The Office of the Commissioner for Public Appointments is
to receive an official complaint about an Orangeman serving
on Northern Ireland's Parades Commission, it emerged today.

By:Press Association

Nationalist SDLP Assembly member Dolores Kelly confirmed
she was lodging a formal complaint about the appointment
last November by Northern Ireland Secretary Peter Hain of
Don MacKay to the commission which adjudicates on
controversial marches.

Last week it was revealed Mr MacKay, who is a Portadown
Orangeman, had named Ms Kelly as a referee on his
application form to the Government without consulting her,
even though they were diametrically opposed on parades

The Upper Bann MLA insisted that even if she had been asked
by Mr MacKay to provide a reference, she would have turned
him down given their different opinions.

She and other nationalists have demanded Mr Mackay`s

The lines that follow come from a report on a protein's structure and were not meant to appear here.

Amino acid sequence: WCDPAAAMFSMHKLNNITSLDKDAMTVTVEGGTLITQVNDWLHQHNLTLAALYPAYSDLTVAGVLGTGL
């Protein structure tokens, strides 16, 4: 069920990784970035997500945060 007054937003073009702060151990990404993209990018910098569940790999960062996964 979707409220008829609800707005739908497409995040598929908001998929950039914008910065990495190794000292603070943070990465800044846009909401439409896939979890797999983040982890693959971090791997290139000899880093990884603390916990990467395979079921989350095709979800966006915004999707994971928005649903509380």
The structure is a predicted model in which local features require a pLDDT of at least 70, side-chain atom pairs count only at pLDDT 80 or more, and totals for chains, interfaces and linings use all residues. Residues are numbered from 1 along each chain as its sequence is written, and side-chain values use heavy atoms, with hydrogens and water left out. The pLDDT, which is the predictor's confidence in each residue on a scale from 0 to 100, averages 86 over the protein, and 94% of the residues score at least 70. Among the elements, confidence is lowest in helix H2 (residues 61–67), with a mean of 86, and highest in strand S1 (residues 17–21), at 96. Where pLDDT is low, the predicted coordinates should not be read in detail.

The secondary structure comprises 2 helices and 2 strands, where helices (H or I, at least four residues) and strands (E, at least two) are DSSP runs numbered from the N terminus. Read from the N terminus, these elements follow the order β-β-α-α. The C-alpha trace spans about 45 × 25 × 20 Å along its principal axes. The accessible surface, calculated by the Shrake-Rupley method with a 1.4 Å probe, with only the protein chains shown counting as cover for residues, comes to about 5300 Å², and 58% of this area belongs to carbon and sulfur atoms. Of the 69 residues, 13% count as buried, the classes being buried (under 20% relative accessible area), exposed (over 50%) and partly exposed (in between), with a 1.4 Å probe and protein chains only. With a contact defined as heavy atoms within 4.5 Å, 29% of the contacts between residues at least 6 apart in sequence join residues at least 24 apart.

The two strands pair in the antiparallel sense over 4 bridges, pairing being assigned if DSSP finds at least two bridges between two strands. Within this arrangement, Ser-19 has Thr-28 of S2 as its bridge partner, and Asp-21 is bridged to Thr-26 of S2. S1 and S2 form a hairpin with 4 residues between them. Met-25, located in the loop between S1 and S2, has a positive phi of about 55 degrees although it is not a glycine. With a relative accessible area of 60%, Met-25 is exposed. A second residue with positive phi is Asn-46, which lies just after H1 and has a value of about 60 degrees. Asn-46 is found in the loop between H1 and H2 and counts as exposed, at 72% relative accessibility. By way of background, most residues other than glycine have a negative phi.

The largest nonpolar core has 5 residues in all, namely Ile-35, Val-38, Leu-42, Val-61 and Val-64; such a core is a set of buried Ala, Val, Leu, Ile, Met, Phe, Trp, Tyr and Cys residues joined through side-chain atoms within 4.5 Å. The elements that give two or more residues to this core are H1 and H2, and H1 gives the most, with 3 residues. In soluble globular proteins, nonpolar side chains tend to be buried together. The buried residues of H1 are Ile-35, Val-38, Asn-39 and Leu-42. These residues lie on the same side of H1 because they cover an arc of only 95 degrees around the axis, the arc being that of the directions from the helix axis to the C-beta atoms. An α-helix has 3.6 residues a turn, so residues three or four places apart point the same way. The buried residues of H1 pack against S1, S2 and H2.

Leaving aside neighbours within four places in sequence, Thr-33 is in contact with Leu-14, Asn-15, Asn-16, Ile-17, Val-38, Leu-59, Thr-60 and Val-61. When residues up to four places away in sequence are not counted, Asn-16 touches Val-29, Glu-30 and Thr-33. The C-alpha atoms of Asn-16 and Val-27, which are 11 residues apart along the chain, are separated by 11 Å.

Ms Kelly said today: "The code of practice of the Office of
the Commissioner of Public Appointments states that best
practice should be used with regard to references.

"How is it best practice for a man to use me as a referee
without my consent?

"How is it best practice for the Northern Ireland Office
not to check the reference?"

In a letter last week to Ms Kelly, Northern Ireland
Secretary Peter Hain insisted he had appointed the best
person for the job.

However the SDLP, Sinn Fein and the nationalist Garvaghy
Road Residents Coalition have condemned the Orangeman.

The appointments of Mr Mackay, a former Ulster Unionist
councillor who has since joined the DUP, and former
Portadown District Master David Burrows were criticised by
nationalists who voiced fears about the Government`s
handling of the Parades Commission.

Garvaghy Road residents, who have been locked in an eight-
year dispute with Orangemen on the banned Drumcree parade,
are preparing a High Court challenge to the appointment of
those men who are members of the Portadown district.

Ms Kelly said she would also raise with the commission
concerns that NIO officials had said those who appointed Mr
MacKay were impressed that she had appeared to have given
him a reference.

She continued: "I want the commissioner to investigate
these abuses and uncover the truth about what went wrong in
this case.